Coping with the Long-Term Care Decision

This image is no longer available

How to handle the loneliness, stay connected, and manage expectations

So the decision has been made. Recognizing you can no longer manage your loved one’s dementia, it’s time for long-term care. Now what?

No matter how much you’ve thought about it, it’s difficult to prepare for the reality. With this dramatic life change come an avalanche of new feelings, reshaped routines, profound loneliness and unforeseen challenges.

RELATED: When It’s Time for Long-Term Care

Maybe you’re the husband still at home (72 per cent of people with Alzheimer’s are women) or maybe you’re the wife or the daughter.

Either way, experts agree one of the best ways to deal with the change is to stay connected with friends and family and perhaps connect with others who’ve experienced it themselves.

“Don’t try and do it on your own,” cautions Mary Schulz, Director of Education with the Alzheimer Society of Canada. “Keeping a stiff upper lip, being the good daughter or dutiful wife – that is not helpful in this situation.”

Ideally, says Mary, the primary caregiver will have built and maintained his or her own ‘bridges’ and social network, even if it seemed impossible while caring for a loved one with dementia. And if not, a lot of rebuilding has to happen, which isn’t easy. Sometimes counselling and support groups help and those can be accessed through the Alzheimer’s Society.

“We have to pay attention to this because the day will come when you’re either alone or living a somewhat different life because your partner is in long-term care. You just can’t put people on ice. You’ll need your friends during this new phase of life. It’s not a welcome phase or a happy phase, but caregivers need to learn ‘how can I still be helpful to Joe, involved in Joe’s life and be the loving supportive person I want to be, but still have a life that’s for me’.”

Staying connected with a loved one in care will also be a new kind of challenge – but also an opportunity. “On a practical level it’s about being that resource to staff at the nursing home and encouraging them to ask questions and use you as a resource so you can work together as partners in care,” says Mary.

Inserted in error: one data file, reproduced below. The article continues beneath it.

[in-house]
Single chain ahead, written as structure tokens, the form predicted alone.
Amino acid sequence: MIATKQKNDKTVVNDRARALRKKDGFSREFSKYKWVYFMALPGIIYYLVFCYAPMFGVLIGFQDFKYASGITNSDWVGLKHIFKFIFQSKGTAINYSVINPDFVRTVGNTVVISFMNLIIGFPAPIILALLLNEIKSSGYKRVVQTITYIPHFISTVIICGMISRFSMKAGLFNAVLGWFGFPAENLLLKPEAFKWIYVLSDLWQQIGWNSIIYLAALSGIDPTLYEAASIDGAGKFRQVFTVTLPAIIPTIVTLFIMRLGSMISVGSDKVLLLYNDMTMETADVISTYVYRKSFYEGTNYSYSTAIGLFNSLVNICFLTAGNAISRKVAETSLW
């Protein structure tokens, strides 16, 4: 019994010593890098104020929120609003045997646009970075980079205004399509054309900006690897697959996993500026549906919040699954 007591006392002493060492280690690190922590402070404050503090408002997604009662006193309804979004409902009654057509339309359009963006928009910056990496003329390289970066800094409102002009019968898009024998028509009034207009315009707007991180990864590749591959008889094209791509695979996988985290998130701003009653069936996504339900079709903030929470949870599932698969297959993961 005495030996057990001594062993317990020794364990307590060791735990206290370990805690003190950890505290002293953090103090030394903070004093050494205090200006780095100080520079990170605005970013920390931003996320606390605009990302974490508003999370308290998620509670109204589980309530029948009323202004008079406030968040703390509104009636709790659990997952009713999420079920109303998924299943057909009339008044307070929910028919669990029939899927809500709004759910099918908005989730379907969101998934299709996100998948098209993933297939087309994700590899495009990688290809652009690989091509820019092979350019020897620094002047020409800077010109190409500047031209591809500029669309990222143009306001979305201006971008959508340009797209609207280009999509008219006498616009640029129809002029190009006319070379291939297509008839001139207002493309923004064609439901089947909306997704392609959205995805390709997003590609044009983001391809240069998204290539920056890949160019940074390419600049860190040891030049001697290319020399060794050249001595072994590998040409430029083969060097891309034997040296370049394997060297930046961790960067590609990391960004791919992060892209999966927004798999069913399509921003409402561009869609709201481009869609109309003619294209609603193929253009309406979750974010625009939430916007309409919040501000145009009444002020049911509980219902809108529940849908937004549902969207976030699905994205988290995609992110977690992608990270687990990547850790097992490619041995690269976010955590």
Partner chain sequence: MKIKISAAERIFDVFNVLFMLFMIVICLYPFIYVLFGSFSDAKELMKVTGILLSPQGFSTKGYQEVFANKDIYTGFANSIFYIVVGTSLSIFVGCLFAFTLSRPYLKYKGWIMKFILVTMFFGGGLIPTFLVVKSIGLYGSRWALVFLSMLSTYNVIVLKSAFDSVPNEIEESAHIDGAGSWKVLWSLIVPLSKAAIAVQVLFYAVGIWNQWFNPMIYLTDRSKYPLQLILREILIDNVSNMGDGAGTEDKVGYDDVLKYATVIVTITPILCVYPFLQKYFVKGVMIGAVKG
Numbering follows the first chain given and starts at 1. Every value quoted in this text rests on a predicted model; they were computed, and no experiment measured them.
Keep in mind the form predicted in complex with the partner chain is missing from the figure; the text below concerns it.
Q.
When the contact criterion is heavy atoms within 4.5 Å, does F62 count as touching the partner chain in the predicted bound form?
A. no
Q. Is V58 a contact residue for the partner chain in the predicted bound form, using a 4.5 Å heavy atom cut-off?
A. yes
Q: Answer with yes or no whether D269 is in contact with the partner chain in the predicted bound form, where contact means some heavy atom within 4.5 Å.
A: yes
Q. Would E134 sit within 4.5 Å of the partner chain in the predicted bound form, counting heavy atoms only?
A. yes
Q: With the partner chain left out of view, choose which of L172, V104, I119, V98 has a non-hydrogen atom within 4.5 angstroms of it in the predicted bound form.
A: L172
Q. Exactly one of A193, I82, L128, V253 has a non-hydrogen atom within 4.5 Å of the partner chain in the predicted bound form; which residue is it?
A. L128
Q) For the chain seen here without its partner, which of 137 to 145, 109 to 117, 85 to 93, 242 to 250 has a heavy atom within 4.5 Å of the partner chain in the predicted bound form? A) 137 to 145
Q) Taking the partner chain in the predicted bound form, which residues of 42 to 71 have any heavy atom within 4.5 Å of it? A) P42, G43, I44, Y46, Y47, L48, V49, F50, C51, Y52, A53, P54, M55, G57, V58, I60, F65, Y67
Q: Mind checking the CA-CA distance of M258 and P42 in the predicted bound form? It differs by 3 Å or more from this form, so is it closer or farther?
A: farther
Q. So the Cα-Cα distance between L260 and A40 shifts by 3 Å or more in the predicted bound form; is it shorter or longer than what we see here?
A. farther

“It’s also about accepting the fact staff won’t be able to care for Joe exactly the way you have as his wife. It doesn’t mean they don’t care, it’s just the reality. Hopefully, they’ll be able to provide care that is uniquely good for Joe, but they’re not going to be able to make him the focus that you’ve made him.”

And be careful, cautions Mary, not to let your grief translate into anger.

“You can’t come in with this aggressive attitude and say ‘you better care for Joe the way I cared for him and I’m watching!’ Yet we often see that and it’s not helpful. It’s borne out of the guilt and the grief that translates into aggressiveness and policing. It puts everybody on the defensive.”

Family and friends are also encouraged to keep visiting the person in care – even if he or she doesn’t know who you are and it’s impossible to have a conversation. “Staying away comes from the tremendous grief that goes hand in hand with dementias. We call it ‘ambiguous loss’,” explains Mary. “It’s that notion that you’re grieving your father’s own losses, plus your loss of him as you’ve known him. That grief can be so pervasive you can’t bear to see him. You can’t see anything meaningful at this stage.”

Yet there is meaning, insists Mary – as long as you adjust your expectations.

“We know that people with dementia, even in the later stages, can be reached. We may not always know we’re reaching them, but they can be reached. Research shows different parts of their brains do light up. People are still people and there is a core that can be touched.”

The trick, says Mary, is to adjust your expectations of a visit. “Maybe Mom is happy sitting at the window for hours on end staring at the bird feeder. That’s not particularly stimulating for you, but if you’re able to see your mother enjoying it and you can just stroke her hand or her hair, well that’s a moment of closeness. And maybe your visits are now 15 minutes, not an hour and 15 minutes. Later on you’ll look back on those moments as quiet times when you were just able to be together.”